Paternity leave in the Czech Republic likely to be extended to two weeks

The amendment is aimed at giving fathers the opportunity to care for the newborns and help with household operations.

ČTK

Written by ČTK
Published on 28.07.2021 15:04 (updated on 28.07.2021)

Prague, July 28 (CTK) - Nearly all lawmakers present at a session of the Chamber of Deputies today supported an extended paternity leave for Czech fathers. The bill, which passed in the lower house of the Czech parliament, extends the leave from 10 to 14 days.

The amendment was proposed by the Social Democrats and gained support from 105 MPs out of the 109 present. It was also promoted by the government ANO party, the opposition Pirates, Mayors and Independents (STAN), Christian Democrats (KDU-CSL), Freedom and Direct Democracy (SPD), and TOP 09.

The bill now moves to the Senate, the upper house of parliament.

The draft amendment to the law also softens the rules for claiming nursing benefits and leave. People have the right to take care of their ill or injured relatives for up to 90 days and family members may take turns in providing the care. They will be paid 60 percent of their salary, from their health insurance.

At present, people may claim the nursing benefit if they care for somebody who was treated in a hospital for at least one week. Under the draft amendment, this is changed to a minimum of four days in the hospital. If somebody cares for a person who is in the final stages of a terminal illness, the person does not have to be hospitalized.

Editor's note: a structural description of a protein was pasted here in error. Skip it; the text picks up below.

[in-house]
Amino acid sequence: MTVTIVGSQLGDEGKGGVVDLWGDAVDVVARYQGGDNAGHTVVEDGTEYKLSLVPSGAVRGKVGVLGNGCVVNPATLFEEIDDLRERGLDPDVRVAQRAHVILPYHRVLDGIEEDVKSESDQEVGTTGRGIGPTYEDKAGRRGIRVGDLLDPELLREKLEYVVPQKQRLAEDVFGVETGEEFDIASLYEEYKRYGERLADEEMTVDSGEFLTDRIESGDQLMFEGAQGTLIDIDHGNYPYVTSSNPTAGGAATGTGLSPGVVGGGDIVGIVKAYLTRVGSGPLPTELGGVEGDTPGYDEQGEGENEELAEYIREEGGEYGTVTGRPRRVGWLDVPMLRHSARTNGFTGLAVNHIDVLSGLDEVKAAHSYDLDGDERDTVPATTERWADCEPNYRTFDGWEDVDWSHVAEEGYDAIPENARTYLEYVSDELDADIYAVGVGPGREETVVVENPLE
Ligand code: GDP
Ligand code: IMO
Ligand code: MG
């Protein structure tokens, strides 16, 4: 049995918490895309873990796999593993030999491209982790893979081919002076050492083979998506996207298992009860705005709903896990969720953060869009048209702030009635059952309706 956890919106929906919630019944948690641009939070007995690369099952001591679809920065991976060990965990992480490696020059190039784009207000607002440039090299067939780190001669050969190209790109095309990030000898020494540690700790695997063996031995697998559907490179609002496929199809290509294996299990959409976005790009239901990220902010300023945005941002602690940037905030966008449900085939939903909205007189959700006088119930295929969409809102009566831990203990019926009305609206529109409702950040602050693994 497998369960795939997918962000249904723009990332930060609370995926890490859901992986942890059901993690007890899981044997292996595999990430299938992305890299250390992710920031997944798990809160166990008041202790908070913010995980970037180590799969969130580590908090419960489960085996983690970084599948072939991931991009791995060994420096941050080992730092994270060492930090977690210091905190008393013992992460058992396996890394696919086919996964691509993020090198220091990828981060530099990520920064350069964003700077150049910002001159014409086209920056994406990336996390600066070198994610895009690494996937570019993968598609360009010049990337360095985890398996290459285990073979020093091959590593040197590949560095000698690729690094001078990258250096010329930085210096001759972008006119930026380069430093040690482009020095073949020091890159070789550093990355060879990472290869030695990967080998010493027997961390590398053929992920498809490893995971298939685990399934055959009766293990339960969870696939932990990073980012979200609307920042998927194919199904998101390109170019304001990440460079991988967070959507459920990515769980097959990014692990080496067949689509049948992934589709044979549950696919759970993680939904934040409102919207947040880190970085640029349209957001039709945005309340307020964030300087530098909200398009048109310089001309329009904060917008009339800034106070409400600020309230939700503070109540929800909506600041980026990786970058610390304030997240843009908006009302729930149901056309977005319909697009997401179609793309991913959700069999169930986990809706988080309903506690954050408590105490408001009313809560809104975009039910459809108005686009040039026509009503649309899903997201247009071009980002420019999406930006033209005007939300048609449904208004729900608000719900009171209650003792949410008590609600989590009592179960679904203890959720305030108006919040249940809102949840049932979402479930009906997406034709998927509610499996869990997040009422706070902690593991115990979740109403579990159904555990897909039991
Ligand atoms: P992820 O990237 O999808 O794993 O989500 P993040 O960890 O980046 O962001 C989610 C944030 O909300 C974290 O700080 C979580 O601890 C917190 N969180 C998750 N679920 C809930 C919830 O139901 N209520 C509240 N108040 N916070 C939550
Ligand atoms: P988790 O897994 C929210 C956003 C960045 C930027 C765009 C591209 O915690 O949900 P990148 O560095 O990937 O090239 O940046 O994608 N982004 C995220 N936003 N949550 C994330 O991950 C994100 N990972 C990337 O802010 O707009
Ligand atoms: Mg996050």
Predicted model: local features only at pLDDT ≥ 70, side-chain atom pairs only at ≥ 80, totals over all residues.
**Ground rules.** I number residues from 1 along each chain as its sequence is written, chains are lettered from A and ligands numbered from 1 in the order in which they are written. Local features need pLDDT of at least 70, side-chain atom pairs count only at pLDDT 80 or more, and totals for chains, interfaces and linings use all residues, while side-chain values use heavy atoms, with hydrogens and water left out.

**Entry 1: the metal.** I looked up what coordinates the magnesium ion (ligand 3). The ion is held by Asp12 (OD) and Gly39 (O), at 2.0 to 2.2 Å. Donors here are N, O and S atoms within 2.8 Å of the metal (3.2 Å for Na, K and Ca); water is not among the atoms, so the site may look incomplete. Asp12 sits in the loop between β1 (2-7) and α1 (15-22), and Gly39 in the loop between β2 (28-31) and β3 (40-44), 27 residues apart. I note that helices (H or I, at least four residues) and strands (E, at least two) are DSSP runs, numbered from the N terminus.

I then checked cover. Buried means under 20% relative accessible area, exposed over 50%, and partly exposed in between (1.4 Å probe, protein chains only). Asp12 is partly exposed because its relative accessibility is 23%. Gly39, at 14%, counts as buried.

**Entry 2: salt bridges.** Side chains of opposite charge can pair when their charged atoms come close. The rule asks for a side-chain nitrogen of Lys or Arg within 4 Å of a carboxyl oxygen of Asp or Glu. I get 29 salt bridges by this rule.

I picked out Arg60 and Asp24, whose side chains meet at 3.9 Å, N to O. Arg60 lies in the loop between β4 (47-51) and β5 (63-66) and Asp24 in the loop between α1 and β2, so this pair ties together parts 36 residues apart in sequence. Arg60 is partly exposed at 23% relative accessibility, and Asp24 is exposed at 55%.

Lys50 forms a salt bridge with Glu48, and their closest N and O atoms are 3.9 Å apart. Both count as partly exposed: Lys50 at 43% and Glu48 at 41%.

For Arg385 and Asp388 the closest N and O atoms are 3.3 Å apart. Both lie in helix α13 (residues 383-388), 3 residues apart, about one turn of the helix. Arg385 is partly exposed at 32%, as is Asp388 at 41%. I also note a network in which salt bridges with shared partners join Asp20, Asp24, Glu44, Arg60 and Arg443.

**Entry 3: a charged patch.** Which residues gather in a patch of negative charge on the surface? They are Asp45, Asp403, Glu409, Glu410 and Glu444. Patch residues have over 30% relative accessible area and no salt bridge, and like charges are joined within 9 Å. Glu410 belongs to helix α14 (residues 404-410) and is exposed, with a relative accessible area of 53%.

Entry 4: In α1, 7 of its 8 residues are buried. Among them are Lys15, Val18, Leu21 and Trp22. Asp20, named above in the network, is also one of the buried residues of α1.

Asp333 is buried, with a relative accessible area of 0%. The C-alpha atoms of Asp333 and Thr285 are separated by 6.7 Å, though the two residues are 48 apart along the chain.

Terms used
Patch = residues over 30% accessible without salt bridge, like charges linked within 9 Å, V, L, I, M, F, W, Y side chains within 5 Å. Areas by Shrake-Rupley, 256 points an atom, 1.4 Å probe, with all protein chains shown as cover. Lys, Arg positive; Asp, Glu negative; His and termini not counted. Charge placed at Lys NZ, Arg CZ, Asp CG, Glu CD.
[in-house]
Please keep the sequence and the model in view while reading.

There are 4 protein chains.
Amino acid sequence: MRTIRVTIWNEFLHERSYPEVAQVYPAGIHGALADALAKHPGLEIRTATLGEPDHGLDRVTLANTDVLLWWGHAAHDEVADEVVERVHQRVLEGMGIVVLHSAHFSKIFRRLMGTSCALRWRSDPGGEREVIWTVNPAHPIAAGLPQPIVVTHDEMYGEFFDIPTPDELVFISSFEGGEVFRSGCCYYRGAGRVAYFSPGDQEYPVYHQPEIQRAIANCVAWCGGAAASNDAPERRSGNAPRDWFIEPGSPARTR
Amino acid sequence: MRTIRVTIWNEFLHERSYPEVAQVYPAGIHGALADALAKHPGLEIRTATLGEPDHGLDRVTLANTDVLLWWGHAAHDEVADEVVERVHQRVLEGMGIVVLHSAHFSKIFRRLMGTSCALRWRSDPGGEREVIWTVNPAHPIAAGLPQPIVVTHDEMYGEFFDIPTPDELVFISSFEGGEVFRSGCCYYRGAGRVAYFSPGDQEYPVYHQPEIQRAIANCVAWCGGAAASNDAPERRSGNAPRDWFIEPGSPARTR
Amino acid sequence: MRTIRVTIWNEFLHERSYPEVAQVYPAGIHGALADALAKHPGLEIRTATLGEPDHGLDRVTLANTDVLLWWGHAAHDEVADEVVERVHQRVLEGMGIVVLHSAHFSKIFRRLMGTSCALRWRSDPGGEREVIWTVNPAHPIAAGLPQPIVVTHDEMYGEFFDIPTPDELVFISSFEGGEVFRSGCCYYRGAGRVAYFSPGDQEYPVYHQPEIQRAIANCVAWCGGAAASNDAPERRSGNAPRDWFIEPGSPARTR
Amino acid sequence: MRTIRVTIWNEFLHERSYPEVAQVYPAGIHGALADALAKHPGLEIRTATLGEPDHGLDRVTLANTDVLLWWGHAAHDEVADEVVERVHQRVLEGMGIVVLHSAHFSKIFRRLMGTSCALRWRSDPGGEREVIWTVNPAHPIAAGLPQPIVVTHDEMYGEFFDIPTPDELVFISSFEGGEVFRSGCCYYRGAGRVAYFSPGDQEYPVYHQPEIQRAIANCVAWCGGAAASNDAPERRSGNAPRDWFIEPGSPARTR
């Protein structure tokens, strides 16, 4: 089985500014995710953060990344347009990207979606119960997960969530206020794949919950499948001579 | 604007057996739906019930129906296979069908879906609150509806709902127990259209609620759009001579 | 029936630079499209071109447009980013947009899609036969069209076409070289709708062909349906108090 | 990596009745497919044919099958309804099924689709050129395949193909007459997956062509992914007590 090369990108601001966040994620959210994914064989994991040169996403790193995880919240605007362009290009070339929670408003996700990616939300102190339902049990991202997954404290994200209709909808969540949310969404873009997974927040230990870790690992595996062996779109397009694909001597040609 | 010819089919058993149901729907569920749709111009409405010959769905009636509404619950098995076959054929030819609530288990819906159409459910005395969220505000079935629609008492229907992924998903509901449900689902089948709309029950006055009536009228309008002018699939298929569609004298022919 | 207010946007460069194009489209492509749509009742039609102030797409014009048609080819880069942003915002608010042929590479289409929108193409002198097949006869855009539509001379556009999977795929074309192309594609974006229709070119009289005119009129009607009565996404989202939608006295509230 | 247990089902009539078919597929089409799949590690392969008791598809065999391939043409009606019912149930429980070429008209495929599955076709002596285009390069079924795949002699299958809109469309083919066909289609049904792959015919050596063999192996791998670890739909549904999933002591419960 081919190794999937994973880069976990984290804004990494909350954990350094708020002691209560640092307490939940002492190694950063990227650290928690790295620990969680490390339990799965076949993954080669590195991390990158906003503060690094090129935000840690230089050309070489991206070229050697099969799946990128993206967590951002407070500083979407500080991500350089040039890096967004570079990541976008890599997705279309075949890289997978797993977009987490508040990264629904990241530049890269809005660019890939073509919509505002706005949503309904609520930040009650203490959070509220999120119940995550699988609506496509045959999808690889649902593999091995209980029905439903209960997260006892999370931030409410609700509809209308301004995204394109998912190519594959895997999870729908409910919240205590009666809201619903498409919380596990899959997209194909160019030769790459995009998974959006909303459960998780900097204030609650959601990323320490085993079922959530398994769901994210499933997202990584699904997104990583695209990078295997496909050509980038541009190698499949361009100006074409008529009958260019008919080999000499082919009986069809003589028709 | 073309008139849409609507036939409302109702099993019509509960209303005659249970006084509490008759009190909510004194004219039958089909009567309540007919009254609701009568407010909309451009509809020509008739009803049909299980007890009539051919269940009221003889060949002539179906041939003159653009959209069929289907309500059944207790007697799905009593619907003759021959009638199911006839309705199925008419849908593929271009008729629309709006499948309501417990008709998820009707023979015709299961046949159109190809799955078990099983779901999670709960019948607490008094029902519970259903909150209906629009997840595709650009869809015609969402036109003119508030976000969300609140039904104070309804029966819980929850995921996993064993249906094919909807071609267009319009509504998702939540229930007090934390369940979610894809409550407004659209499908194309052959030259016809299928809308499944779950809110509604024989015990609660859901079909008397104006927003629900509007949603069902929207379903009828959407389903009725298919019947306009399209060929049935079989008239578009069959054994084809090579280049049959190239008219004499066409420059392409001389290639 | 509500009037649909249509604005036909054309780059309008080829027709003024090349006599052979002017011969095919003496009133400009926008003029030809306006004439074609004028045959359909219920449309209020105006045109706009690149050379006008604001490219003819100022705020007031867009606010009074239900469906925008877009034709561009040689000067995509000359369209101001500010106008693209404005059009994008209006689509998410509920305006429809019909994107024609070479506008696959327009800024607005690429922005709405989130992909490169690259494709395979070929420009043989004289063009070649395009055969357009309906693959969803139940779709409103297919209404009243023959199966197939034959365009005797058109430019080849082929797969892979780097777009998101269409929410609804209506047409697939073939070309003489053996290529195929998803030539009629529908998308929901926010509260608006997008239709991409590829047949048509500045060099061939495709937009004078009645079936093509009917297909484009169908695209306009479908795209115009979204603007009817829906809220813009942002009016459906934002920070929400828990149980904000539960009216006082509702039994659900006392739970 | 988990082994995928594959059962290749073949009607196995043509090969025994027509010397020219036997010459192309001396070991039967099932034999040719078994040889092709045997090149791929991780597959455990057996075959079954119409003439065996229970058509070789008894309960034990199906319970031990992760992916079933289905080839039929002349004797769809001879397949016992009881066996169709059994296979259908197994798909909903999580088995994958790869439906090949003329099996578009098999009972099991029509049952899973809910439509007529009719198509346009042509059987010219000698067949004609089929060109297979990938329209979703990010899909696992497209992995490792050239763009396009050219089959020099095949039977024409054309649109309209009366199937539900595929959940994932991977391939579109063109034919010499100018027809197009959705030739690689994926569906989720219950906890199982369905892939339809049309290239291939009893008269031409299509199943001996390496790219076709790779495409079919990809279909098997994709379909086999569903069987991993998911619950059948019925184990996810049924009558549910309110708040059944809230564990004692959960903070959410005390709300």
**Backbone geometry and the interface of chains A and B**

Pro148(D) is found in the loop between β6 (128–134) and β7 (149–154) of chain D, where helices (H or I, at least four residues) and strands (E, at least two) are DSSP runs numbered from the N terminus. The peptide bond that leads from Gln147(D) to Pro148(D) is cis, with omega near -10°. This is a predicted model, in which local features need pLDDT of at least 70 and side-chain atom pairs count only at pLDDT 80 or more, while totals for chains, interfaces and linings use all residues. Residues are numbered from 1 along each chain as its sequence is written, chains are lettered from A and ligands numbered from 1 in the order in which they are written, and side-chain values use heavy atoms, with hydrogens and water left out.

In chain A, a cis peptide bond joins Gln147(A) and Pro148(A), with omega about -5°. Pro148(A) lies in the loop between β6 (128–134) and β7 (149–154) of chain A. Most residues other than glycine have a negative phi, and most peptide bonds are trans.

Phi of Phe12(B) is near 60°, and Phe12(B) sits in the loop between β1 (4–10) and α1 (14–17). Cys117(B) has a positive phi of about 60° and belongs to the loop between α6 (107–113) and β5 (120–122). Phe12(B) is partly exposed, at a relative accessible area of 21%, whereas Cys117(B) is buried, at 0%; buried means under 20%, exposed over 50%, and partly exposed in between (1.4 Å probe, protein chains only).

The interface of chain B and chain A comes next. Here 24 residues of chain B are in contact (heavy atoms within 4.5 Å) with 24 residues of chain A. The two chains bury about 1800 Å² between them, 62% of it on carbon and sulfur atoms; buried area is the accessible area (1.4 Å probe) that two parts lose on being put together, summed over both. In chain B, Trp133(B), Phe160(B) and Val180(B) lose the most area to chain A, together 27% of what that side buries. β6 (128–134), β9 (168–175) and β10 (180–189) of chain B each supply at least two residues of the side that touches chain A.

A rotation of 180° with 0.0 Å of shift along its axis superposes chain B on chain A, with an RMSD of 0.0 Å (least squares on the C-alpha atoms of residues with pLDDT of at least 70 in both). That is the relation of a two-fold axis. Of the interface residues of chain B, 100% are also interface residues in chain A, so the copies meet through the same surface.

As for paternity leave, fathers who take leave can take off work for 14 days. They may take this leave within the first six weeks after the birth of their child. This period is newly extended according to the duration of time in which a newborn stays in the maternity hospital.

The authors of the amendment say the goal is to give the father a chance to participate in the care for the newborn and in the operation of the household, among others.

They said the amendment also transposes a European regulation into Czech law. This is to cost the state about CZK 250 million.

Provided that a father pays his health insurance, he will get 70 percent of his base salary, which is the same as what women receive when they are on maternity leave.

A new directive EU directive on Work-Life Balance for Parents and Carers which aims to promote gender equality mandates that by April 2022, all EU member states must offer a minimum of 10 days of paid paternity leave.

Twenty-three of the 27 EU member states offer paternity leave.

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